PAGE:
Road conditions in winter or even late spring, especially in shady spots on Chilliwack hills, can be icy.
Flashing blue-light markers were being installed at 10 locations Thursday as a pilot project to test the technology for Chilliwack.
The blue reflectors are solar-powered and can be seen from about a kilometre away, said Gerry Hlookoff of ATS Traffic.
“This product, the PATeye, has been used all through North America, Europe and New Zealand, and it was actually invented in New Zealand,” Hlookoff said.
“We are doing a test pilot with the City of Chilliwack where we are installing 10 units to help them detect corridors that have problems with freezing and black ice.”
The road markers were being installed Thursday, embedded into the centrelines at several locations.
“Road conditions can differ greatly from one area to another on any given day. In order to help drivers stay aware of changing road conditions, the City of Chilliwack is testing a new road safety device that will notify drivers of the potential for icy road conditions,” according to city officials.
Road test sites in Chilliwack:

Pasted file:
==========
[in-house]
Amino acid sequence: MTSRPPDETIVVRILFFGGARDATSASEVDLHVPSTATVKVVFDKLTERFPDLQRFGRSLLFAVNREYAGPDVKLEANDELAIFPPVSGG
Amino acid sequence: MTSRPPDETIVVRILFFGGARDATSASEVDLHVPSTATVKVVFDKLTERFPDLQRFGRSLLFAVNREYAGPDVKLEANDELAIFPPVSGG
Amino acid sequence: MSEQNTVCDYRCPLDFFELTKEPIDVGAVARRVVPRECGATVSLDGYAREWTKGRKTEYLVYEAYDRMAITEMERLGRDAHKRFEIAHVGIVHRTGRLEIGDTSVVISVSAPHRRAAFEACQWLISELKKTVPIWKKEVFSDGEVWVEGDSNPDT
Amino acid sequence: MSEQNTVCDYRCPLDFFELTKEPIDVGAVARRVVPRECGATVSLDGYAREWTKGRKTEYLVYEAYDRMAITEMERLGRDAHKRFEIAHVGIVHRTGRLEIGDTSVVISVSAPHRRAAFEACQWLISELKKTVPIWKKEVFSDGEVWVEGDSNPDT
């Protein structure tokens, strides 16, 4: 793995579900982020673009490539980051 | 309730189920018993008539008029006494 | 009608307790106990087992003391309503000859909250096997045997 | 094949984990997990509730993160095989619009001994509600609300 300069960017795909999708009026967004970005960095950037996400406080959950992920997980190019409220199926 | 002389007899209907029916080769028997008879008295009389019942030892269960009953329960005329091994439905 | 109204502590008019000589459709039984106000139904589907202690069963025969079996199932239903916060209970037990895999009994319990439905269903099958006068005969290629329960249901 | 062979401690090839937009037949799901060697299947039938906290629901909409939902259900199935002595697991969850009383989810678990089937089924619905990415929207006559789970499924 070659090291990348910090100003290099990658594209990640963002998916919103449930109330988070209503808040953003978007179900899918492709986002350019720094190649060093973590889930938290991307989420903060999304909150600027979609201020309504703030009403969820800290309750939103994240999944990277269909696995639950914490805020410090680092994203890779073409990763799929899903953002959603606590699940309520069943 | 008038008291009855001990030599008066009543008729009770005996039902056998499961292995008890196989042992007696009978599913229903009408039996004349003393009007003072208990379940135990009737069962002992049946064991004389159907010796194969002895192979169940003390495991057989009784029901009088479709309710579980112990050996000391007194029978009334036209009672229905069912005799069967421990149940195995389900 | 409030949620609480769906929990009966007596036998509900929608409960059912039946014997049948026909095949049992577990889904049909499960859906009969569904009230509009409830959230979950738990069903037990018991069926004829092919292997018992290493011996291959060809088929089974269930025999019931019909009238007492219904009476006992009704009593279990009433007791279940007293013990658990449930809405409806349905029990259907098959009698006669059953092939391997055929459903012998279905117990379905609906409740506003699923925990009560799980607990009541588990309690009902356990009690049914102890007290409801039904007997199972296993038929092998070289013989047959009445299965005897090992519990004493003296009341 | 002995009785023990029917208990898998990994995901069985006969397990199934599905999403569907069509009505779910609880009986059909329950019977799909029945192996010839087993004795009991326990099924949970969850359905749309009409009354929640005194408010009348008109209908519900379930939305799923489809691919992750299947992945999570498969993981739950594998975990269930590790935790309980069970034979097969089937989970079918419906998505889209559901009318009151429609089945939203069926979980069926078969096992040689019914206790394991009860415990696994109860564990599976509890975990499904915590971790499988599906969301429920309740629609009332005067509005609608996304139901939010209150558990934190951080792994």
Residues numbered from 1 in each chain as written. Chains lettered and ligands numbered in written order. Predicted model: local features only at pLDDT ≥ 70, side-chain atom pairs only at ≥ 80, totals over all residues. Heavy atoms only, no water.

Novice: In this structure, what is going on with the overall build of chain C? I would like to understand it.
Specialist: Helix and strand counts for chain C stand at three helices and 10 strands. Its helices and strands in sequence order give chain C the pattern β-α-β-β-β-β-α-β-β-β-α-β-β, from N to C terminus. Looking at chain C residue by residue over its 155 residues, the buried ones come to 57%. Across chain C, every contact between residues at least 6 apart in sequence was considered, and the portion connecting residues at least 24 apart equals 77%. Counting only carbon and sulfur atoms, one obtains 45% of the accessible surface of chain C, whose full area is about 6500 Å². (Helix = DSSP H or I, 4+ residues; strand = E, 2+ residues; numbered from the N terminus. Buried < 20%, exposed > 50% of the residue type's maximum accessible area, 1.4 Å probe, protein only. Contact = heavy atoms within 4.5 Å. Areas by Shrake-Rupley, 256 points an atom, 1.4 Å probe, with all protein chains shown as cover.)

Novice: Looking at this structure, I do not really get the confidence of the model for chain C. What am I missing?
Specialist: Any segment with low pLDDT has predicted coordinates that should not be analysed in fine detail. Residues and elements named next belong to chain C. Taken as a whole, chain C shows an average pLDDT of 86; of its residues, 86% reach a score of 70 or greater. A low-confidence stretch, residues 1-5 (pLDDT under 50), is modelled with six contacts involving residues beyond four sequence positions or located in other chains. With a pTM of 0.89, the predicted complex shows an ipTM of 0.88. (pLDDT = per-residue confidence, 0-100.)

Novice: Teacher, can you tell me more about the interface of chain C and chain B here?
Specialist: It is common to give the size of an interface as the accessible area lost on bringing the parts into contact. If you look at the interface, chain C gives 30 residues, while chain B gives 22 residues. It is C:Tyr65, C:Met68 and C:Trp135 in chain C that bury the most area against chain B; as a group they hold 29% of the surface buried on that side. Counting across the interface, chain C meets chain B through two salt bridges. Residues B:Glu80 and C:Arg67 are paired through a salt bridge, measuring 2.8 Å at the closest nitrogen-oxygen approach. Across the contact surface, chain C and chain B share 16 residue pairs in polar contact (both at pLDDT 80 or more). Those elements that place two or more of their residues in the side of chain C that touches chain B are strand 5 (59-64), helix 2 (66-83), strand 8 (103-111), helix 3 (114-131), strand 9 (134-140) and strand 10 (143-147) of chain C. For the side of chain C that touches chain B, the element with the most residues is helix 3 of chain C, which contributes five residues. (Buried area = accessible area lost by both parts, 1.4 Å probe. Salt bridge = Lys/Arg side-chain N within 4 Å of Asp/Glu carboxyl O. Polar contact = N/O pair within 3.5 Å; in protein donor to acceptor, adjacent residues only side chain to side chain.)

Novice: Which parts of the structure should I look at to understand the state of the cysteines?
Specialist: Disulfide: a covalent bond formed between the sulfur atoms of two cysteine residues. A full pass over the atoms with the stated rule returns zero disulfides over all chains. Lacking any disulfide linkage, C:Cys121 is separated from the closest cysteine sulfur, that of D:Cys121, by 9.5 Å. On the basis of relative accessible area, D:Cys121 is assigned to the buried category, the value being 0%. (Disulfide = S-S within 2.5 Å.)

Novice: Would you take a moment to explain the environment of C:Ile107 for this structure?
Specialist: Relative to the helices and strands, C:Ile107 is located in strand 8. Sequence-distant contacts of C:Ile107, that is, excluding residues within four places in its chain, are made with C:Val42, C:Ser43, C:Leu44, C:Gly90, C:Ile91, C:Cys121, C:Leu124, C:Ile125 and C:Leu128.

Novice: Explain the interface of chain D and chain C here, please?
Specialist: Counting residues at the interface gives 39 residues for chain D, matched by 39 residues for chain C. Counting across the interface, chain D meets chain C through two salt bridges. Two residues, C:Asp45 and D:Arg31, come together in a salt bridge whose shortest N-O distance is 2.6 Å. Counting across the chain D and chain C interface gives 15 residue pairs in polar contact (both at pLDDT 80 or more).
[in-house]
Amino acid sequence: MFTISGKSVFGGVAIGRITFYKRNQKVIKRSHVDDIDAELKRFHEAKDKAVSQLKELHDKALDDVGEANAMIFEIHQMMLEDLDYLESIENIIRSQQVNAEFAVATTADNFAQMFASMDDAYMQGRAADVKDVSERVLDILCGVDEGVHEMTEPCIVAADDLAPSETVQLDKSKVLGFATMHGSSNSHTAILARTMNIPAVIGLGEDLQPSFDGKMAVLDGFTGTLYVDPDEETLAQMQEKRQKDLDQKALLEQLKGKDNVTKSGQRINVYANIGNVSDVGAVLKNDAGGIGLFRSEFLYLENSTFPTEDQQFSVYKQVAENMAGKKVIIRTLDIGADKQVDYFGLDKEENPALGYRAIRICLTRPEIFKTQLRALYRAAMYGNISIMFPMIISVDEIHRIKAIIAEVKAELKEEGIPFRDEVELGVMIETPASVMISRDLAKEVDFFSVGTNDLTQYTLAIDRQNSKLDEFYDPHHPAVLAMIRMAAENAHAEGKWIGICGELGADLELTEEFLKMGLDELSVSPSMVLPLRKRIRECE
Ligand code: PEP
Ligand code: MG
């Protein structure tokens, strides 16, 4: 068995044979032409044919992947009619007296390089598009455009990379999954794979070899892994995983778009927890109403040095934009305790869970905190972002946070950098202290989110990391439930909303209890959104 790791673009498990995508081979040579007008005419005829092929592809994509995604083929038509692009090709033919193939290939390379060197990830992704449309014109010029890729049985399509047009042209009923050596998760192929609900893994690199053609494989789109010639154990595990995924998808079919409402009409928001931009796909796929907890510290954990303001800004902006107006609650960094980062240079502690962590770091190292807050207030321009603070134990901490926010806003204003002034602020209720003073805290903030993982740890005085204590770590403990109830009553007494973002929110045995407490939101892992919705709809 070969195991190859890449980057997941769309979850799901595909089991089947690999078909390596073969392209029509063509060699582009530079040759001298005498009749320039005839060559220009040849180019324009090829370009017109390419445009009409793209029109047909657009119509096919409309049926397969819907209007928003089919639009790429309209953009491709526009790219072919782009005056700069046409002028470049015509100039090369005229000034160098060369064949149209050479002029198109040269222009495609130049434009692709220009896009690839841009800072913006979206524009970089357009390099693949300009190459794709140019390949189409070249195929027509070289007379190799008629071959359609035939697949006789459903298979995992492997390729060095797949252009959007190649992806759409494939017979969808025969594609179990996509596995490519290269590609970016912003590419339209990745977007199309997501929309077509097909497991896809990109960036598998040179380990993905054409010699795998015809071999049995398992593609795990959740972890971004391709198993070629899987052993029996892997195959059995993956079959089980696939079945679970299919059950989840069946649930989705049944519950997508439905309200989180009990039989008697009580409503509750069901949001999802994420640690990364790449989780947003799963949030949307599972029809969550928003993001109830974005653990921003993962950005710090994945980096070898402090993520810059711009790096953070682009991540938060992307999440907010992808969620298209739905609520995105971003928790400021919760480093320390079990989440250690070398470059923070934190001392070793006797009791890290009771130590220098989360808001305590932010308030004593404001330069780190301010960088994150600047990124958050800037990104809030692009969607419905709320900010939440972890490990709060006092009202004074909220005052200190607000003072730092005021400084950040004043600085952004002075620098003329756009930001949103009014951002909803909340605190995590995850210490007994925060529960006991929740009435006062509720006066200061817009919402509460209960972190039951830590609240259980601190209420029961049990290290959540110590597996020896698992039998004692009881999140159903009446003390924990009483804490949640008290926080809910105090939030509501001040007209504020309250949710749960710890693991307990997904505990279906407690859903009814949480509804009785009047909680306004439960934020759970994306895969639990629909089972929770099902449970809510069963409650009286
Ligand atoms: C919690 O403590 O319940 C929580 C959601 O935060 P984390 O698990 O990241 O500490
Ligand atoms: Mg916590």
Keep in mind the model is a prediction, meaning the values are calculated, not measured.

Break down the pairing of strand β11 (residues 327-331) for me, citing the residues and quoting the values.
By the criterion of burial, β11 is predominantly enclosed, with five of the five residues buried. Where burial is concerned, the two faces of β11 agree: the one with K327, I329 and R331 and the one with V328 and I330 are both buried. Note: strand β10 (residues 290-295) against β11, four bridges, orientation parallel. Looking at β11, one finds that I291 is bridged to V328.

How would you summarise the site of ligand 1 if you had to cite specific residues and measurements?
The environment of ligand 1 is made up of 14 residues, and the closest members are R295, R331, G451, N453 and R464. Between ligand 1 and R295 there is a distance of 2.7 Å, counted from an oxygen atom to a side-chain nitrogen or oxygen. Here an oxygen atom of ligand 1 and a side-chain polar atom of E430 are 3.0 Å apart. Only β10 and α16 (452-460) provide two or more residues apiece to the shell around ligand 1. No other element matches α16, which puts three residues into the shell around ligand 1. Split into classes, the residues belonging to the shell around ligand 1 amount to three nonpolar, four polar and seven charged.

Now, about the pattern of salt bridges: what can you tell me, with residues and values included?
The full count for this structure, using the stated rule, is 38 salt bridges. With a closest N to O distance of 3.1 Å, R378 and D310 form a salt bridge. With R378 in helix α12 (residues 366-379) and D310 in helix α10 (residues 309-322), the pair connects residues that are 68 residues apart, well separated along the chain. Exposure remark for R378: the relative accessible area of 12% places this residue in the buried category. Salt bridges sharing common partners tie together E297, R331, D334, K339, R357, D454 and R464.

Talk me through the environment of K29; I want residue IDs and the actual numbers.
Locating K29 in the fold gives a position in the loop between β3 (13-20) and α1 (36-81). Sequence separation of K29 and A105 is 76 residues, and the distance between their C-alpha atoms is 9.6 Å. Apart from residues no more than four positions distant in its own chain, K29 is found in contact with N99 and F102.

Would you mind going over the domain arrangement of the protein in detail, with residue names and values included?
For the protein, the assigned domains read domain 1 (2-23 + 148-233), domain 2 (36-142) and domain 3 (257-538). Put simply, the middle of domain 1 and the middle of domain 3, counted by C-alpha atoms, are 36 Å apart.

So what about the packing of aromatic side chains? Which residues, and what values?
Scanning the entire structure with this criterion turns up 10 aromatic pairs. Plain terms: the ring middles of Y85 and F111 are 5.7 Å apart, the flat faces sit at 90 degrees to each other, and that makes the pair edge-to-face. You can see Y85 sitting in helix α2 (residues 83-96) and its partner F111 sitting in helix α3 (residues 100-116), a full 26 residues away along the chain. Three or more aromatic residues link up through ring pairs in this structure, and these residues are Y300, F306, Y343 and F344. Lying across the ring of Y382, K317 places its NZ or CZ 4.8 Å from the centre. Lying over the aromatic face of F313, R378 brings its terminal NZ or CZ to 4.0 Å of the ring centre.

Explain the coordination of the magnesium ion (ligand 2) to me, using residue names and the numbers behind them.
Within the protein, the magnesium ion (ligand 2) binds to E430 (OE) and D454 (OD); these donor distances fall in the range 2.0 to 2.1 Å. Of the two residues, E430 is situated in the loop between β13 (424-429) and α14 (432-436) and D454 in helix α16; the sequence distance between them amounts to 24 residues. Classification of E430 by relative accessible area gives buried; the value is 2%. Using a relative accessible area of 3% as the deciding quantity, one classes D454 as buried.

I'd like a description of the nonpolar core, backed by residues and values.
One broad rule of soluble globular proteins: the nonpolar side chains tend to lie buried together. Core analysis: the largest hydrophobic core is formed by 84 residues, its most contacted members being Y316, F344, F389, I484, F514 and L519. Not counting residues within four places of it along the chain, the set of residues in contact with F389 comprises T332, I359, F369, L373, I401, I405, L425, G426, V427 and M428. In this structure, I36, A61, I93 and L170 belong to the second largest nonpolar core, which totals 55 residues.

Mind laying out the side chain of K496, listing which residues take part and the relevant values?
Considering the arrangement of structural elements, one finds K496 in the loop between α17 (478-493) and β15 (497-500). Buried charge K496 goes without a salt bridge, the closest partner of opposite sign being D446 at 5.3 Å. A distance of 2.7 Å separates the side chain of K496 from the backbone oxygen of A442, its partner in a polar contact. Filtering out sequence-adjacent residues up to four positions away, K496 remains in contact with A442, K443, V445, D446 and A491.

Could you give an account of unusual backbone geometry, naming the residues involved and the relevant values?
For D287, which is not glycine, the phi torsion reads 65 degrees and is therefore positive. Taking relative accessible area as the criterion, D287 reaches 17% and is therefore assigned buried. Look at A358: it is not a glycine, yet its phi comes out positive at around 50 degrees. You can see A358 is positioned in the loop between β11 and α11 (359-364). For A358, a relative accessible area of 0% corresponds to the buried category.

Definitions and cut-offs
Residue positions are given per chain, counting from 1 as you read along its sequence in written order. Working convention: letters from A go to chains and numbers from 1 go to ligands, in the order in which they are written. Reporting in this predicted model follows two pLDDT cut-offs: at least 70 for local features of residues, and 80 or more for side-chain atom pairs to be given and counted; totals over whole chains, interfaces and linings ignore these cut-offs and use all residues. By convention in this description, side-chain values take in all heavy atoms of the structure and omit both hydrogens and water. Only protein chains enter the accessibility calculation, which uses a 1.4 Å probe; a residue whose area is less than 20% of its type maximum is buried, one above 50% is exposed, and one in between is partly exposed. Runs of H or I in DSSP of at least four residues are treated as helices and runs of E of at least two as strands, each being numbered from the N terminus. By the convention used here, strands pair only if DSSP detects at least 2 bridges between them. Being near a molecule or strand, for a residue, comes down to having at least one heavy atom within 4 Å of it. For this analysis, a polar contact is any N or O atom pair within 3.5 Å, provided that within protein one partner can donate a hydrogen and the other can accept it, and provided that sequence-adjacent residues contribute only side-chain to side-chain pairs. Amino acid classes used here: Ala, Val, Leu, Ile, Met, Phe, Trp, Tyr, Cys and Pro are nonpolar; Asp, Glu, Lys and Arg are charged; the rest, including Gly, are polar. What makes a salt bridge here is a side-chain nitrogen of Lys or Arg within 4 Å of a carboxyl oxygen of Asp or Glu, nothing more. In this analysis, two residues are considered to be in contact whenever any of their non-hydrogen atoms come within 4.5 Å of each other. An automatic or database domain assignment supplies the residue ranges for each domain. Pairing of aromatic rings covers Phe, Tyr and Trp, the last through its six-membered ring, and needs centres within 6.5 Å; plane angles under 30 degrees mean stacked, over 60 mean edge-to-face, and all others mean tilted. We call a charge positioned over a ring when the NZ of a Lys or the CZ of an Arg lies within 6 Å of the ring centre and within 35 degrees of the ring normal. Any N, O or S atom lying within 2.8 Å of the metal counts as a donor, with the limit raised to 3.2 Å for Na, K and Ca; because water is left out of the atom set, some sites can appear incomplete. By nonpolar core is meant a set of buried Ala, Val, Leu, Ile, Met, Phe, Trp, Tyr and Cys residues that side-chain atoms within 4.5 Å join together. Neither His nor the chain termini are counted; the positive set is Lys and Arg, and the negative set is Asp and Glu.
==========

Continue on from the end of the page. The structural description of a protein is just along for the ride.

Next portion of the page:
• Chilliwack Mountain Road
• Hope River Road
• Old Orchard Road
• Marble Hill Road
• Teskey Way
• Promontory Road
• Vedder Mountain Road
The roads were chosen for testing because they are known by city staff for their potential for icy road conditions.
“They’re embedded in the asphalt flush so if you do have snow plows the blade goes right over top,” Hlookoff said. “This is the first generation that detects ice and moisture.”
In some spots, the blue reflectors will be in full view of the city’s traffic cameras, which will assist the Operations Department when implementing snow removal and ice control procedures. For example, if blue lights are flashing in one area, crews may want to make that location a priority for re-salting.
Although spring is around the corner, some roads may still see some frost due to shade. This will enable staff and drivers to experience the device in action prior to next fall/winter. City staff will be looking at its durability, and ability to withstand wet weather.
Each site will include signage to educate drivers about the blue flashing lights. City officials will also seek community feedback over the coming months to help gauge the PATeye’s effectiveness.